Trump's Search, Samsung Pardon, European Pipeline, Rivian - What's Moving Markets

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Trump's Search, Samsung Pardon, European Pipeline, Rivian - What's Moving Markets
Credit: © Reuters.

By Geoffrey Smith and Peter Nurse

Investing.com -- The search of Donald Trump's Florida house has been linked with nuclear documents, while a key Samsung official has been pardoned. U.S. stocks are set to open higher, while soaring energy prices could prompt the resumption of the construction of a gas pipeline between Spain and France. Here's what you need to know in financial markets on Friday, August 12.

1 Trump’s nuclear search

The row over the search of former President Donald Trump's home threatens to go nuclear!

U.S. federal agents were looking for documents relating to nuclear weapons when they searched Trump's Florida home earlier this week, according to a report in the Washington Post.

Trump said on Monday the "raid" was "not necessary or appropriate” as he was cooperating with the relevant government agencies, suggesting that the move was politically motivated.

The Presidential Records Act provides that official documents created or received by presidents or their top aides are U.S. property, rather than the personal property of the president, and should be deposited in the National Archives.

2 Samsung’s Lee pardoned

Samsung Electronics Vice Chairman Jay Y. Lee is a man in demand.

South Korea's President Yoon Suk-yeol pardoned the renowned businessman on Friday, with the justice ministry saying the business leader was needed to help overcome a "national economic crisis".

Lee is already out on parole after serving 18 months in jail for bribery, and thus the pardon could be seen as largely symbolic, but his return to favor could translate into some large investments from Samsung (KS: 005930 ), the world's biggest smartphone and memory-chip maker.

South Korea, Asia's fourth-largest economy is grappling with soaring inflation and weakening demand, and thus the sort of investment that Samsung could deliver would be very much welcomed.

3 Stocks to open higher; Rivian in focus

U.S. stock markets are set to open higher, amid growing hopes that inflation may have peaked, at least in annual terms.

By 06:25 ET (10:25 GMT), Dow Jones futures were up 105 points, or 0.3%, while S&P 500 futures were up 0.4% and Nasdaq 100 futures were up 0.5%. All three indices are on course for solid weekly gains in the wake of Wednesday’s lower-than-expected Consumer Price Index print.

Stocks likely to be in focus later include Rivian (NASDAQ: RIVN ), whose revenue figures late on Thursday indicated better-than-expected progress with its ramp-up, and Treasure Global (NASDAQ: TGL ), after an explosive debut which saw it rise as much as 350%. Gene-sequencing specialist Illumina (NASDAQ: ILMN ) is set to open under pressure after a badly received update last night.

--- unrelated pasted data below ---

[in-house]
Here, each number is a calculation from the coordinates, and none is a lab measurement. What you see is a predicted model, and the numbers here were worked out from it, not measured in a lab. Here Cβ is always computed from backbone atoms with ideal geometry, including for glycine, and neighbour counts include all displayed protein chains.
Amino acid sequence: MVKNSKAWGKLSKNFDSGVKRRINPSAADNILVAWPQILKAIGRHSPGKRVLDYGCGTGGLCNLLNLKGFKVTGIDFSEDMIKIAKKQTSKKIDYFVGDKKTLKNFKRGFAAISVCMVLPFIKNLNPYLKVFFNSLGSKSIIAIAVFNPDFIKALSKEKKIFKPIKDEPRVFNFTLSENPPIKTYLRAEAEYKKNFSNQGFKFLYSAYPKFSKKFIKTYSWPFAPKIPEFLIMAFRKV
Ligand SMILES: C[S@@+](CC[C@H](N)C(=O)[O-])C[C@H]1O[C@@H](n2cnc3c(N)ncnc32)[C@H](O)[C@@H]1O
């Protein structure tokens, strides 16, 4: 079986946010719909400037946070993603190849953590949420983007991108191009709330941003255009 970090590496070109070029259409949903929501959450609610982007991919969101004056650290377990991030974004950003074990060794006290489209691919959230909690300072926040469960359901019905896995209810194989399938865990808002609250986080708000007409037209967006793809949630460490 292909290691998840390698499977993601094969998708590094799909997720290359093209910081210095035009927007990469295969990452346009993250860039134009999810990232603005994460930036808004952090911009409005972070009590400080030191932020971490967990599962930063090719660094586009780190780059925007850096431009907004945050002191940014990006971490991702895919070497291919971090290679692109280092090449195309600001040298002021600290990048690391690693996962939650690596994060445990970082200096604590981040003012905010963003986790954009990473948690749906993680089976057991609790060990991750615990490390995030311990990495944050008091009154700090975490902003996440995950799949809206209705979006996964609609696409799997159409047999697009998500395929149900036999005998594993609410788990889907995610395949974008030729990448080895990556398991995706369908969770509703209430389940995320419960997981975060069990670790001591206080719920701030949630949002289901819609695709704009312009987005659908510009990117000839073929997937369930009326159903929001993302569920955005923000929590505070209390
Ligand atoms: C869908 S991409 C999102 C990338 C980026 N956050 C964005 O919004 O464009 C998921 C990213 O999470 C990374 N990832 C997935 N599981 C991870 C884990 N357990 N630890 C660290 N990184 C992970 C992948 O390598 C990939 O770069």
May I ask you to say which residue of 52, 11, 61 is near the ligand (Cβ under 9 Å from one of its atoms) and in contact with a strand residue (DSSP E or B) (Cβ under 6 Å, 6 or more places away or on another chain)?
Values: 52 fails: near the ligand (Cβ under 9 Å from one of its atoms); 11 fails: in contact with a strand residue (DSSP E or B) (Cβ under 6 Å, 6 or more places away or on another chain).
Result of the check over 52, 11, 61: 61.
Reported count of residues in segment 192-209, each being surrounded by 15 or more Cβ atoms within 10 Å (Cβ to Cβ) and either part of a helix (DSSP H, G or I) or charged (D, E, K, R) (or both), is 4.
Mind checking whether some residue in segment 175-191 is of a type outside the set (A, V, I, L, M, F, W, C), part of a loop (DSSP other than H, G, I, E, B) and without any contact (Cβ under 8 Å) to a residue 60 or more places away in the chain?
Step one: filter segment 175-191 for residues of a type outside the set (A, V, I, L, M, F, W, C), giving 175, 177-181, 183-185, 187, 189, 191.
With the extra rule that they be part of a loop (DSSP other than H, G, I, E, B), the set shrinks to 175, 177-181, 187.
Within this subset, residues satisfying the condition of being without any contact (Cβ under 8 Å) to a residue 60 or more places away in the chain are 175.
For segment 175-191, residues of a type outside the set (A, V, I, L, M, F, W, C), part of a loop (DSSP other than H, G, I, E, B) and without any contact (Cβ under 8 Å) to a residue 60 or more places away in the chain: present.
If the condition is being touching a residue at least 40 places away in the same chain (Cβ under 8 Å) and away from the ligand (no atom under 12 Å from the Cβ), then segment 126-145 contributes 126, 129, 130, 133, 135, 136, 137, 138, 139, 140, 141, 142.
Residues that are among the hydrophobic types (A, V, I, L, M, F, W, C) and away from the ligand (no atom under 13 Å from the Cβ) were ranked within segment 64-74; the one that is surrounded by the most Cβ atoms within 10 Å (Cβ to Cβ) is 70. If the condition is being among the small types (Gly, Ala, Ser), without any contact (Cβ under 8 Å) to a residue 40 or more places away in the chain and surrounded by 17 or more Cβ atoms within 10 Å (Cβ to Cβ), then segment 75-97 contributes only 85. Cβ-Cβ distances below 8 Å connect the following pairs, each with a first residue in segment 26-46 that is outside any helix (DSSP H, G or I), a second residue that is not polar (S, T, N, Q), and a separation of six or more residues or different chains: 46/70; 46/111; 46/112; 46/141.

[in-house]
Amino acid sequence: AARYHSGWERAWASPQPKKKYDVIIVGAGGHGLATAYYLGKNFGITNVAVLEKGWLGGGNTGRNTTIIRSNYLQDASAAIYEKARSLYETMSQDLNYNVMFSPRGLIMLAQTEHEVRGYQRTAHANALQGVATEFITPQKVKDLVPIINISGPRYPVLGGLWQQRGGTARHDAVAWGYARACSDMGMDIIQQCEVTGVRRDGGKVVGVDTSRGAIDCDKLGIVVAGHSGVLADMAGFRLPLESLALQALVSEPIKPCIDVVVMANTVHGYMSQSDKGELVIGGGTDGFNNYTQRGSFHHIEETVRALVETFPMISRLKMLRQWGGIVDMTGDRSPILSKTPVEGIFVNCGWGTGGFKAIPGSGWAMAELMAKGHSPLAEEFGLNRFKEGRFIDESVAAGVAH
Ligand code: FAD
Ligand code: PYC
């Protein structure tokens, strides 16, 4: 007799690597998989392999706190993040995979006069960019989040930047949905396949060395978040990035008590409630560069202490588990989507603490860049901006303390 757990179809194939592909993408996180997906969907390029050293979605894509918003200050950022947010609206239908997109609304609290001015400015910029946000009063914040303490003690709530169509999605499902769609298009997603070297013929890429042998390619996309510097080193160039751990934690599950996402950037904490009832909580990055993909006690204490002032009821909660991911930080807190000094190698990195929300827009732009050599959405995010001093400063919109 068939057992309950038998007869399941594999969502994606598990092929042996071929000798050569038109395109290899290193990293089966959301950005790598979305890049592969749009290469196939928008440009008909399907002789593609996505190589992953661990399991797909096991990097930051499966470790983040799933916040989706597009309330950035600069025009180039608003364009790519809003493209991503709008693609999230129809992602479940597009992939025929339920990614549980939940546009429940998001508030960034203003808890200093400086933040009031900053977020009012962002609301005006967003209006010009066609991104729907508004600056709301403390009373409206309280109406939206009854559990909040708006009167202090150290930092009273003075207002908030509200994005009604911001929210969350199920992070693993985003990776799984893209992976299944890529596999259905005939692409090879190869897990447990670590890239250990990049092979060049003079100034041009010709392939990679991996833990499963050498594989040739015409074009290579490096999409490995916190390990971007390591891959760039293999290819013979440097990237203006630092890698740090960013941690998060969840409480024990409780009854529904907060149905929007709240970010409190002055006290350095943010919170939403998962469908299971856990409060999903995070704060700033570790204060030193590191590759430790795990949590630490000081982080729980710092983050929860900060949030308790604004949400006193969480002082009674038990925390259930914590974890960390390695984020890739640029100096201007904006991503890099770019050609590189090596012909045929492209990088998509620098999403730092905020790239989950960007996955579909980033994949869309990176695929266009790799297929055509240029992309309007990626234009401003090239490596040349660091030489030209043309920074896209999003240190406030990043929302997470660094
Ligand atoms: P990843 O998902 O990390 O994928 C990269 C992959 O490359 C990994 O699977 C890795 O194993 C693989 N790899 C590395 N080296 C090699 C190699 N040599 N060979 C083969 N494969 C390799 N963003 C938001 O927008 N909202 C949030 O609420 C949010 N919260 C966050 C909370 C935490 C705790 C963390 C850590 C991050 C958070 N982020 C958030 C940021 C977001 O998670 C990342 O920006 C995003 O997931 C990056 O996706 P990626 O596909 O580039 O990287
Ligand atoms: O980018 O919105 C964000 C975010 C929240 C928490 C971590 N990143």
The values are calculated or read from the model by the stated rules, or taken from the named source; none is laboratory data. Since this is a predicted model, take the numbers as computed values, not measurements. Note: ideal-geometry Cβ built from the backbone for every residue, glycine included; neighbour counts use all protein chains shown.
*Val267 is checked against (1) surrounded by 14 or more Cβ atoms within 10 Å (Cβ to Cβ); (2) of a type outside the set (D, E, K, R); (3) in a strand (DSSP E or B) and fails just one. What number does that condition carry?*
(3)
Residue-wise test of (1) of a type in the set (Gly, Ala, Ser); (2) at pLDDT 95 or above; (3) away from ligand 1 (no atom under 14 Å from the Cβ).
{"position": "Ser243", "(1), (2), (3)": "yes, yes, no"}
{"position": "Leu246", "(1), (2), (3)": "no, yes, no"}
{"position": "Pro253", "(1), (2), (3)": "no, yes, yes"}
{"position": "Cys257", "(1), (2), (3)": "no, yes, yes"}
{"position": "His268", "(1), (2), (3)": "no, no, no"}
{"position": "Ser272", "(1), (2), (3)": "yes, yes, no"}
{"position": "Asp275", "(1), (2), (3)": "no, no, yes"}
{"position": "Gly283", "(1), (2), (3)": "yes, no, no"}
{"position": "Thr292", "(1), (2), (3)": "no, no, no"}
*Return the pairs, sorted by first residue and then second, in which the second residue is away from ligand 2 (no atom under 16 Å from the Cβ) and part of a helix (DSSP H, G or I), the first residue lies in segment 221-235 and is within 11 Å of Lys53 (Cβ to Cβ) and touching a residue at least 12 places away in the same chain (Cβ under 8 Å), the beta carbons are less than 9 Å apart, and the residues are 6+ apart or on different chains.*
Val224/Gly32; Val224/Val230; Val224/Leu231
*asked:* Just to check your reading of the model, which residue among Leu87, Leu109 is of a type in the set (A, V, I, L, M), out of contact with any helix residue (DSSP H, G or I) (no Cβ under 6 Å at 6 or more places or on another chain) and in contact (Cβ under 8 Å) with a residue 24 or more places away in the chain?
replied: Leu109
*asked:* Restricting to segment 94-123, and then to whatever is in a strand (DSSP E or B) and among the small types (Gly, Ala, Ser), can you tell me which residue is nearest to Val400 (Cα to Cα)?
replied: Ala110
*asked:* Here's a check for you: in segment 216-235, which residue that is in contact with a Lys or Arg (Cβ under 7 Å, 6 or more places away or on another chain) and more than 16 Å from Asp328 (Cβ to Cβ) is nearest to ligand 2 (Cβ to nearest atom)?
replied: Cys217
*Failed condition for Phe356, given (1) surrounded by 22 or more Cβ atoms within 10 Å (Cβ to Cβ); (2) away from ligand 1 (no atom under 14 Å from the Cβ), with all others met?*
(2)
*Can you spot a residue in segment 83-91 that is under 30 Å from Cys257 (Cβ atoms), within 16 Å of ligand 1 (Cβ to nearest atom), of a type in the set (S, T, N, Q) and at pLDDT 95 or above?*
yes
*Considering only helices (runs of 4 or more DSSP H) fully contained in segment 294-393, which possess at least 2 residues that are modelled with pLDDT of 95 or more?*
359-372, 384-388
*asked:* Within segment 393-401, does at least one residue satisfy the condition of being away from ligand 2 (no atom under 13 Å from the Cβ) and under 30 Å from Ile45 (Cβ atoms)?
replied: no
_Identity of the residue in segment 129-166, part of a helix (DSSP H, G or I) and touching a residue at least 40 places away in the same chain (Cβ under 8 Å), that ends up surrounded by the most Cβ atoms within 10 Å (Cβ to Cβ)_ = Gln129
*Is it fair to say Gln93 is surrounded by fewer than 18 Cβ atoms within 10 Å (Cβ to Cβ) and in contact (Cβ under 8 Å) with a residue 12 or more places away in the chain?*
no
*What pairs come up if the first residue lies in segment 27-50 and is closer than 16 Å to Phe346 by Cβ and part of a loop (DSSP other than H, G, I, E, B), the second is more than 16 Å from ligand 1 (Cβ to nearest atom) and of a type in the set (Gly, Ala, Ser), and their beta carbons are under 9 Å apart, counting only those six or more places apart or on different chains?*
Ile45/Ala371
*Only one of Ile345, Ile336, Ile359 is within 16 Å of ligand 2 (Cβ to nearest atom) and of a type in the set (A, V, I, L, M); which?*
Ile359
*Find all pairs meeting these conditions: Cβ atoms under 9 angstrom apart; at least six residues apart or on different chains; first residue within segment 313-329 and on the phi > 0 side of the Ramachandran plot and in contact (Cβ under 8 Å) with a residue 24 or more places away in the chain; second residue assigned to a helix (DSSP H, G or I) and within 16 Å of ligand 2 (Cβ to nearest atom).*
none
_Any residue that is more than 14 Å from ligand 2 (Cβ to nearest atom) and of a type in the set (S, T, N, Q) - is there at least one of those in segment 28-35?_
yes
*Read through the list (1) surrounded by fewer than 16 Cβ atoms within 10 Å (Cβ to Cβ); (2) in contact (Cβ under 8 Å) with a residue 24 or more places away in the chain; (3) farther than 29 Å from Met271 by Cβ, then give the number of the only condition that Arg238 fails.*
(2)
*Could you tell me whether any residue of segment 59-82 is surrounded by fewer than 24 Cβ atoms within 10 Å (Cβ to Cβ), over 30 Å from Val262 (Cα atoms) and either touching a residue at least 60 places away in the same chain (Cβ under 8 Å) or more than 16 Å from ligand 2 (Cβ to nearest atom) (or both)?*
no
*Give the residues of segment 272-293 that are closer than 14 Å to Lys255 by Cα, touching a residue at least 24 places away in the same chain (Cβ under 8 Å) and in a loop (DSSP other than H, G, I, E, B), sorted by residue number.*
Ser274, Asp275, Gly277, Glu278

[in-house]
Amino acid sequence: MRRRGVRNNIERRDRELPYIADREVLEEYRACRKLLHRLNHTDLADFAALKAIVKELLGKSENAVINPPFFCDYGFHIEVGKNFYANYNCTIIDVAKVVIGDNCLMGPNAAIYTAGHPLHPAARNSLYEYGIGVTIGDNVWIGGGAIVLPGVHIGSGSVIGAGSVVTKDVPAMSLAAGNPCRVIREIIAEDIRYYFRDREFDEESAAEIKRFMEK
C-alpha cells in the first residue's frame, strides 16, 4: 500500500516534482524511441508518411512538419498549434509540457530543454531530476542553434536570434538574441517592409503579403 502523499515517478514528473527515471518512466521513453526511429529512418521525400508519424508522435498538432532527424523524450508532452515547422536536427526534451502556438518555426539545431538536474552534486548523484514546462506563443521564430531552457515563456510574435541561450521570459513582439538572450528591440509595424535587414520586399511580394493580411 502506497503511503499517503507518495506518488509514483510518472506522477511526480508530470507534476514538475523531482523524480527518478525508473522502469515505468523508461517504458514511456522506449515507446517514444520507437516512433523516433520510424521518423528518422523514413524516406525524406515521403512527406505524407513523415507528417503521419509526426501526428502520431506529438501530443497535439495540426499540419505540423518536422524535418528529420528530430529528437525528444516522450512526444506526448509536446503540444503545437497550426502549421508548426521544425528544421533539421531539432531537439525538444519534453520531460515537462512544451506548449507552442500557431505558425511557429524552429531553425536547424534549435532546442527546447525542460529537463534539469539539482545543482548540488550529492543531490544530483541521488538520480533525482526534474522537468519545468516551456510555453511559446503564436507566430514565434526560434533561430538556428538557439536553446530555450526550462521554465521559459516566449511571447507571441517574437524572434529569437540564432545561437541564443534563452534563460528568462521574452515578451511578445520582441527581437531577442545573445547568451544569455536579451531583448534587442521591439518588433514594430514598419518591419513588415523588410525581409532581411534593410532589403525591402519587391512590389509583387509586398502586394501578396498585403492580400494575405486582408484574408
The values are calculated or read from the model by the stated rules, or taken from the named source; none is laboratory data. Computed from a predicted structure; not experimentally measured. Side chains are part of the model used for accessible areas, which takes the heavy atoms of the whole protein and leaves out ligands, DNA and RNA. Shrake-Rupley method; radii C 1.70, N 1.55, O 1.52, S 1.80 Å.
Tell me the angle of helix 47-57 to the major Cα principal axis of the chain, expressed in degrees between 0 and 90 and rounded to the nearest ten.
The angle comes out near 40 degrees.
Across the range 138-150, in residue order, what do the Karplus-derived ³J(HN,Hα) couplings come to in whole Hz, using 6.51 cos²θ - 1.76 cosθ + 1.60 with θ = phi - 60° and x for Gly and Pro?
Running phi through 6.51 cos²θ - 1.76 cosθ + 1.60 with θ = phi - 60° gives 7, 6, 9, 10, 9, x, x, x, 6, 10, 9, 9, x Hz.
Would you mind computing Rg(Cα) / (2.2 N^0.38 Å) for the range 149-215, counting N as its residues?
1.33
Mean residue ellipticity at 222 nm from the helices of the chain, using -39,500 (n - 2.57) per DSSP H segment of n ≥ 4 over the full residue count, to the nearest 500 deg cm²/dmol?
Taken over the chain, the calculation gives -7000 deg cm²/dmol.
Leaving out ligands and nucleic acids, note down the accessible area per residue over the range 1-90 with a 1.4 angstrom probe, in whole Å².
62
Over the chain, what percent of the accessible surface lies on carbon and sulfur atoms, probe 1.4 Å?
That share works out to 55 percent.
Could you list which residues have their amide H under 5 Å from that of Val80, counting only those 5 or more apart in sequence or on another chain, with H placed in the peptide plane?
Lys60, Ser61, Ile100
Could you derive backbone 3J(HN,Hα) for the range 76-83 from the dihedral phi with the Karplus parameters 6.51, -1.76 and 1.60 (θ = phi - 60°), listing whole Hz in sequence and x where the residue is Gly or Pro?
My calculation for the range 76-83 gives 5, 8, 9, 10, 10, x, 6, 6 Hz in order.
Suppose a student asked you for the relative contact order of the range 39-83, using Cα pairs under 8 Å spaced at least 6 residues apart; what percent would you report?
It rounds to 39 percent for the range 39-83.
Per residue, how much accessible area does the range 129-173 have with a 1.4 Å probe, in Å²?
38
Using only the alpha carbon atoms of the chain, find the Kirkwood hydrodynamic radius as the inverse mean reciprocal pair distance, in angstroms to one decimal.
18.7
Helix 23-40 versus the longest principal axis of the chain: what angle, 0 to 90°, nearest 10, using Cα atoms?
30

4 Spain-France gas pipeline could be ready by next summer

The threat of Russia pulling its gas from Europe has concentrated minds in the continent’s capitals, with a new pipeline linking Spain and France potentially opening by next summer.

"This new interconnection, this gas pipeline could be operating in about 8 or 9 months on the southern border side, that is, from the Pyrenean to Spain," said Spanish Energy Minister Teresa Ribera in an interview on Friday.

Initially launched in 2003, the pipeline was meant to transport gas from Algeria through Spain to the rest of the European Union. But following several years of work, the project was abandoned in 2019 following doubts about its environmental impact and profitability.

5 Oil Largely Unchanged; Russian oil shipments to resume

Crude oil prices were flat, after Russia’s pipeline operator Transneft indicated that oil shipments to three countries in central Europe could resume soon. Transneft was quoted by Russian newswires as saying that its payment of transit fees had been accepted by a European bank, apparently removing the bureaucratic obstacle that had led to shipments being stopped on August 4.

By 06:25 ET, U.S. crude futures were down 0.1% at $94.23 a barrel, while Brent futures were up 0.2% at $99.78 a barrel.

Baker Hughes ’ rig count and the CFTC ’s weekly positioning data round off the week. Last week’s numbers showed the largest weekly drop in operating oil rigs in nearly a year, and net speculative long positions in U.S. crude futures at their lowest level in over six years (albeit net longs in other energy contracts weren’t as low).

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